One notable Black-owned fintech company is Greenwood, a firm started by rapper Michael “Killer Mike” Render and others. The platform, named after the Tulsa, OK community where Black Wall Street once stood, is creating better financial options to support Black and Brown people and businesses.
Greenwood offers a number of banking features including checking and savings accounts with no overdraft fees, no in-network ATM fees, and no minimum balances. Additionally, Greenwood has raised more than $80 million in venture capital funding rounds to invest and help Black and minority entrepreneurs.
“Obviously, we need the broader capital markets to work more proportionally for Black and Brown folks,” Pendulum CEO Robbie Robinson, who led a $45 million capital funding round for Greenwood, told Forbes last year.
The rise of Black-owned fintech firms began during the early days of the pandemic when millions of Americans were laid off almost overnight and small business owners were scrambling for funds from the Paycheck Protection Program to stay afloat.
During the pandemic, Black businesses large and small struggled to get PPP loans from traditional banks leaving Black entrepreneurs to rely on fintech firms and Black-owned banks to get loans. According to The Washington Post, Black-owned small businesses were 70% more likely to get PPP loans from fintech firms than from traditional banks.
Everett Sands, the CEO of Lendistry, a small business lender that provided grants to small and micro businesses in New York during the COVID-19 pandemic, told BLACK ENTERPRISE that Black fintech firms are providing new ways for Black and minority entrepreneurs to get the financial and technical resources they need at almost every level of their entrepreneurial journey, something big banks may not be interested in.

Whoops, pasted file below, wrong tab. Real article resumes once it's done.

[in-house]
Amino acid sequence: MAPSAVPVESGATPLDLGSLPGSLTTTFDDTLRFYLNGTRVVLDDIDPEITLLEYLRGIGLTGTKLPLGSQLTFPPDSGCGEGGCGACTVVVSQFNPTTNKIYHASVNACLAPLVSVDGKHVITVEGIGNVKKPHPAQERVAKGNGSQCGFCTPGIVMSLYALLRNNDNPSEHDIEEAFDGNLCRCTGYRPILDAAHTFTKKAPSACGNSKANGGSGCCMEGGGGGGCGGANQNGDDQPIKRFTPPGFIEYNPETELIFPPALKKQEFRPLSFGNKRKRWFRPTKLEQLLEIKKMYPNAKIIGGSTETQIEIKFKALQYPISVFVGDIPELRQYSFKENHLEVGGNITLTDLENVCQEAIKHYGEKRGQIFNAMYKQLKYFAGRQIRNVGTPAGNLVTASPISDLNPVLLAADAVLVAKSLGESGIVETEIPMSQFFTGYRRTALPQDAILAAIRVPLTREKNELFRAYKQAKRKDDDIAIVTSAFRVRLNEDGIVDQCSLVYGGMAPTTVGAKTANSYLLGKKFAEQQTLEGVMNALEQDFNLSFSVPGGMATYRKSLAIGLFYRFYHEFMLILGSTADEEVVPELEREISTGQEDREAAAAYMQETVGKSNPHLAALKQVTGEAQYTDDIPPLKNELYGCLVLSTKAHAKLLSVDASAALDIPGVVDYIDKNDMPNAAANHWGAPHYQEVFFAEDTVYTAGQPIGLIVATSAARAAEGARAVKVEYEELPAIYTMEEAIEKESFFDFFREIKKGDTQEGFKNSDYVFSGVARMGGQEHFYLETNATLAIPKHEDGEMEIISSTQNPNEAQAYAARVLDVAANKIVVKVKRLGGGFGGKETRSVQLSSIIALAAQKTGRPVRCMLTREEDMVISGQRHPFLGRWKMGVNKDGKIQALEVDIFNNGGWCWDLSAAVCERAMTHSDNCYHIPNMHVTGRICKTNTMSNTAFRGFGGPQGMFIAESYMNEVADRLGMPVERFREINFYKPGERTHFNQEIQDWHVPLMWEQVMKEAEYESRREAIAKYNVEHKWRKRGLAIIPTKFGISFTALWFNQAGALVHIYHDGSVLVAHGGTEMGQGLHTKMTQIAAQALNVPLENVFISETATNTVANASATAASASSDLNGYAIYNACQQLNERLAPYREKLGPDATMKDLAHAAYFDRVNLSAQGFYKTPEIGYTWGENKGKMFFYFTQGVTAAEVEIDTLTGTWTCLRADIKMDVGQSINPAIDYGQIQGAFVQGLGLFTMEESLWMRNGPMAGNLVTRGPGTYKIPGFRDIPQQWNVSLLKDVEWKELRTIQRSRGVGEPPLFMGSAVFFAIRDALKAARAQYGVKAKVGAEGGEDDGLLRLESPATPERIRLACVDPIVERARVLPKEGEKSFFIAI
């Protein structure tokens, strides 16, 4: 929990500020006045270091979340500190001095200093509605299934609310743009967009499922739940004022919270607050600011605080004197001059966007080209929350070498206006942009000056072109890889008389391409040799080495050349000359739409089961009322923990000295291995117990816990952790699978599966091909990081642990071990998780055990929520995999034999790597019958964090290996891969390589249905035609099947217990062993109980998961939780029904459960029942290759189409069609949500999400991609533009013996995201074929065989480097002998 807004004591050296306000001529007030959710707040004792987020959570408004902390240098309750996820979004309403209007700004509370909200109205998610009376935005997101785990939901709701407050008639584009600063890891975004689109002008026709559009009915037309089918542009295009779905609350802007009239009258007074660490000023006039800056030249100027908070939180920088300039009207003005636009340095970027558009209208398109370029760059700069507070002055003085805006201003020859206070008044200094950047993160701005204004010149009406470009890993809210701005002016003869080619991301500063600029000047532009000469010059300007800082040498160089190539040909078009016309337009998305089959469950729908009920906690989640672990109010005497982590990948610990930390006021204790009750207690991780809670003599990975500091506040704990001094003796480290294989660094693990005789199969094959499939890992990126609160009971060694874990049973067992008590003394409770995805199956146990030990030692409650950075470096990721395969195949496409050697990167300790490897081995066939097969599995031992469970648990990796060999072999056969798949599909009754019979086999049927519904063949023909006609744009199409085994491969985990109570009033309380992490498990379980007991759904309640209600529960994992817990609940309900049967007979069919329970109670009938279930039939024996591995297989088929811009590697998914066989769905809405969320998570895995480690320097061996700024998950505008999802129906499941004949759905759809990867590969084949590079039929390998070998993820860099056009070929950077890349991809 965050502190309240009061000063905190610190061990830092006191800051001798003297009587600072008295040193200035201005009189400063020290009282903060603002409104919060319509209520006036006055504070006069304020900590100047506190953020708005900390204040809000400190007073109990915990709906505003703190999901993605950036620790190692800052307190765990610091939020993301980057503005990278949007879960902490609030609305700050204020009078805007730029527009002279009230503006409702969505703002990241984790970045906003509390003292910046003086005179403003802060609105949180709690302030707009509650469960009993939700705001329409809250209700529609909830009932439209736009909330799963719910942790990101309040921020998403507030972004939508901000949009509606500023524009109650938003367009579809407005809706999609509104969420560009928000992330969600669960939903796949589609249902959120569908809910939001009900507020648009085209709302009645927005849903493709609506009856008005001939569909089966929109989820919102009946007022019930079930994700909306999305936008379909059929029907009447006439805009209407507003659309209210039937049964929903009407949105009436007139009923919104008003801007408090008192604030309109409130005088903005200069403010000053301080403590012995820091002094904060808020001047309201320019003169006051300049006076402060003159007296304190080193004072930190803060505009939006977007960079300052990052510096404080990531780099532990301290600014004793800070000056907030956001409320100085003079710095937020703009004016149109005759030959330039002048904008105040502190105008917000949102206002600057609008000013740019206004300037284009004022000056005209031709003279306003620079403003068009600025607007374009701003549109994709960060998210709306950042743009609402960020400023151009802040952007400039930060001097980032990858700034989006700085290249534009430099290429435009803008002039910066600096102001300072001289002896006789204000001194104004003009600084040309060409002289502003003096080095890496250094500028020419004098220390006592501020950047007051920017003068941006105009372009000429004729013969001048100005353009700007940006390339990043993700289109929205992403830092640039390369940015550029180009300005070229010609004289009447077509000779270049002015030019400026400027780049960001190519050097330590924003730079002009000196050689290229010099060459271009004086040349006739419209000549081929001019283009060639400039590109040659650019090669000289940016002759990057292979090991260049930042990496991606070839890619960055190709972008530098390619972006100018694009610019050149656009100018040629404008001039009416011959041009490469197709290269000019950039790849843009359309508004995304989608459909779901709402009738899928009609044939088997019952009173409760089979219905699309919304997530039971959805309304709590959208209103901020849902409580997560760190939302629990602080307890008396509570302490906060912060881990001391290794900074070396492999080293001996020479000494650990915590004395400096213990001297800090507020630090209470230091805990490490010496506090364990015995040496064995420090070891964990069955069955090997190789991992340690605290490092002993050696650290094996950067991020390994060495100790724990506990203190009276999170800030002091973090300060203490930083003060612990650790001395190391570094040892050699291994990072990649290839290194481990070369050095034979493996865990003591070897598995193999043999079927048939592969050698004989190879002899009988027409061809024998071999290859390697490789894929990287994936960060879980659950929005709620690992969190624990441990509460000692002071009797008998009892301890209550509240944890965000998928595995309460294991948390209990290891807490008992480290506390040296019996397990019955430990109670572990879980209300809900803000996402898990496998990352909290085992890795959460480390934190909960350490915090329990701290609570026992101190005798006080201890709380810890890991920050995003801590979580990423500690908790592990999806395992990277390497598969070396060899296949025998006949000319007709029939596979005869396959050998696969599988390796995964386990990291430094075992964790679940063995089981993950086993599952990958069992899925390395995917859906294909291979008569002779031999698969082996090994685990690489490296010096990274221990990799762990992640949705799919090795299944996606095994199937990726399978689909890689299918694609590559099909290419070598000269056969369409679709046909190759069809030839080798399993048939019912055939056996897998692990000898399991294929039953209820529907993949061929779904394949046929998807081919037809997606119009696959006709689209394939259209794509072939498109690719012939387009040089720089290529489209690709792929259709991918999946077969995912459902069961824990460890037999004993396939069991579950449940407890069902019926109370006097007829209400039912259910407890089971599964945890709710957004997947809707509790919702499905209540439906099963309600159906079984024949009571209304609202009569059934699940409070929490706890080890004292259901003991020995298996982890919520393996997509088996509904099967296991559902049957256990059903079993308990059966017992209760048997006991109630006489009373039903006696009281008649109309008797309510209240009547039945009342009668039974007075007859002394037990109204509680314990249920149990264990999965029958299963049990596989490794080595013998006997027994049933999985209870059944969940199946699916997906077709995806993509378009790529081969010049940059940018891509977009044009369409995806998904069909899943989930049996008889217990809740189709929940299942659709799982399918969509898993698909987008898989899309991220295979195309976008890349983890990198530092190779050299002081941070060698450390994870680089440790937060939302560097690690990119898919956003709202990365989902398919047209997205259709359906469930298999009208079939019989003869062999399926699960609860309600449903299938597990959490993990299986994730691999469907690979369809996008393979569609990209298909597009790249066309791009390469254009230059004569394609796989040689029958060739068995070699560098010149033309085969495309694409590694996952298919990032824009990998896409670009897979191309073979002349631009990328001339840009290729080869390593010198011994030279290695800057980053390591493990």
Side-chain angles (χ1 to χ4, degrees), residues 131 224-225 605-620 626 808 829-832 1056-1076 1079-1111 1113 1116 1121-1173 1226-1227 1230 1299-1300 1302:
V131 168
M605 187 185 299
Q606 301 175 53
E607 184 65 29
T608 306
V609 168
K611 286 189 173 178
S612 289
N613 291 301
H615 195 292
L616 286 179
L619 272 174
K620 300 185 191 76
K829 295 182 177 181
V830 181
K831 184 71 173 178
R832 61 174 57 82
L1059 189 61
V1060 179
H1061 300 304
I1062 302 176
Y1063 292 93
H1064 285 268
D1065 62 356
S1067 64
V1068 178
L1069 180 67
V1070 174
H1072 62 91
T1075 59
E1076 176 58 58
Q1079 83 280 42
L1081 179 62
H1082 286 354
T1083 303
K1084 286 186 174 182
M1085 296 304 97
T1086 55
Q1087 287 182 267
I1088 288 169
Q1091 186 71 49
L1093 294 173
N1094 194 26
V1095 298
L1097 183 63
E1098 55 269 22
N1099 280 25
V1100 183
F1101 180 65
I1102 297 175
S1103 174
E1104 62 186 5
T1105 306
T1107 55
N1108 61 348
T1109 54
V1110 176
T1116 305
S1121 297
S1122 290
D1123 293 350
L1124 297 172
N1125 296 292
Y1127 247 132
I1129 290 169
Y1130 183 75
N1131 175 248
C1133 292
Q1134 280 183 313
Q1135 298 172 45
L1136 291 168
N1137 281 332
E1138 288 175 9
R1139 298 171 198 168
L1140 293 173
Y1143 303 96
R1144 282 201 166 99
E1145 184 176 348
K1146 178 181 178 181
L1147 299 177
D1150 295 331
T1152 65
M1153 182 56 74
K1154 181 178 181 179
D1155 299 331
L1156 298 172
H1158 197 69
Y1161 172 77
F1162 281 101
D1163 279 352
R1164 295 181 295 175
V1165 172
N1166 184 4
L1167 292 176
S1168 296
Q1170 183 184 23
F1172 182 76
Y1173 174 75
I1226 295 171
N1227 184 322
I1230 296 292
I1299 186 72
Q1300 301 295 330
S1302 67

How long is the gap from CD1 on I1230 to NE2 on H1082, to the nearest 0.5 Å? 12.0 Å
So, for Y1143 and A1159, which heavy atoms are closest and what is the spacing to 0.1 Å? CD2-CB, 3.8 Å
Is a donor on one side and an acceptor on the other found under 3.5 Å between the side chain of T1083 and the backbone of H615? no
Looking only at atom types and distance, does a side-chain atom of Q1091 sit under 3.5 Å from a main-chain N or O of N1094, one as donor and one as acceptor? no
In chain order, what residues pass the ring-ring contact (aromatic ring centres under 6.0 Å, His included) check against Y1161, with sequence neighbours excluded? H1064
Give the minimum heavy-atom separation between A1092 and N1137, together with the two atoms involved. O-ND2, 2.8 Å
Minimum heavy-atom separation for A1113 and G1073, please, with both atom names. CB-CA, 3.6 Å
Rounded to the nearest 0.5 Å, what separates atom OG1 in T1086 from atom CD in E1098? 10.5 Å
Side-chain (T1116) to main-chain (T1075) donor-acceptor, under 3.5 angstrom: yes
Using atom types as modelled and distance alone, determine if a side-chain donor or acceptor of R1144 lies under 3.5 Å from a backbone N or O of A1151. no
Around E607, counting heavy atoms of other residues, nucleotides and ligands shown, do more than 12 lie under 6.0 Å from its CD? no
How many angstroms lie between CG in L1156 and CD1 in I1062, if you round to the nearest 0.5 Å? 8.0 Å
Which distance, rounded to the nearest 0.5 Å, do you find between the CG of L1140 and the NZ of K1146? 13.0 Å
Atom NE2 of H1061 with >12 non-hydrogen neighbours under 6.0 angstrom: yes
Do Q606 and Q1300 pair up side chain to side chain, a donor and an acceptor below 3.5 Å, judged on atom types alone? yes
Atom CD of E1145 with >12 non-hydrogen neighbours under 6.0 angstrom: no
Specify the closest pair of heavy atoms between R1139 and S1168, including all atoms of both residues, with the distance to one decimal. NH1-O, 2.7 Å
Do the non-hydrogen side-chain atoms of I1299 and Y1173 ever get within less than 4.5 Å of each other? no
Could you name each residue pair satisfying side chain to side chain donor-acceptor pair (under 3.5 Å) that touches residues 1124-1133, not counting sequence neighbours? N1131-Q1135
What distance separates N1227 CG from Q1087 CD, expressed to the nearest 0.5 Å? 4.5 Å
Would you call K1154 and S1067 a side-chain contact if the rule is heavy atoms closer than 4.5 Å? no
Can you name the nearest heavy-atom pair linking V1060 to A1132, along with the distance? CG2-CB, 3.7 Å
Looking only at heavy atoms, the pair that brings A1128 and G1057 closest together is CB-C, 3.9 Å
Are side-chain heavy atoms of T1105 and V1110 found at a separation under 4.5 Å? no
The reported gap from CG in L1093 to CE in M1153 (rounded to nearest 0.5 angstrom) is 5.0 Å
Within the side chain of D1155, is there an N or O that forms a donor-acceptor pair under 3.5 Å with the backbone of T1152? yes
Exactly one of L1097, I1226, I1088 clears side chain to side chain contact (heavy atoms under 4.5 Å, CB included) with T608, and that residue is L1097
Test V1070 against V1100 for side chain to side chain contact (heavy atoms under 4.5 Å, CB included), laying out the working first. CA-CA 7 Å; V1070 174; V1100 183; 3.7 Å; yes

“I think it’s great,” said Sands. “I think the more vehicles we have in terms of access to capital the better. I think they’ll be a cultural competence that we’ll see that allows some of those lenders to adjust according to the needs of our community as well and that can lead to things such as alternative credit models and maybe an alternative process to how we provide access to capital as well as the basics of responsible lending so that our communities don’t have to go towards predatory lending and other sources that might not act responsibly.”
Sense of community
Black-owned fintech firms are also providing their clients with a sense of community. Many Black fintech platforms include memberships featuring events, meet-and-greet,s and happy hours that bring Black entrepreneurs together to share ideas, collaborate and support each other.
“That is core to our mission at Guava and core to our value that we see in this space and in the end, it really brings us back to the concept of the benefit that nesting with other entrepreneurs have on their business,” Kelly Ifill, the founder of Guava told BLACK ENTERPRISE.
“Entrepreneurship is lonely and so to bring people together to combat that is important but it’s also an experience that is misunderstood and being able to bring entrepreneurs at different stages together so they can learn from each other and the folks that are coming behind more mature entrepreneurs in their journey, can learn from those experiences and can leapfrog and so I think that’s what we are really talking about when we say what’s the value of community.”
Many Black fintech firms are also teaching their clients and the Black Community about ins and outs of money.
Qoins, a Black-owned fintech firm started by co-founders Chris Zimmerman and Nate Washington Jr., helps its users pay off student loans and credit card debt for $1 a month. Qoins website also features a section on its site with lessons and tips on saving money, entrepreneurship, credit and debit cards, and more.
Meanwhile, Breaux Capital, which was started by HBCU grads Derrrius Quarles, Ras As, and Brian Williams, tailors to Black men but is open to everyone. Breaux Capital provides its clients with financial literacy lessons, investment opportunities, and events bringing business owners, entrepreneurs, and young professionals into its community.
Other notable fintech firms serving Black people and minority customers and entrepreneurs include Goalsetter, which among other things, teaches financial literacy to children; EnrichHER, a fintech investment platform started by Dr. Roshawnna Novellus that pushes the growth of women-owned businesses by enabling female founders to secure capital; SpenDebt, which helps its clients pay off debts through micropayment amounts the client sets and Novae Grants, a new tool allowing users to search a database of thousands of financial assistance opportunities from both the government and the private sector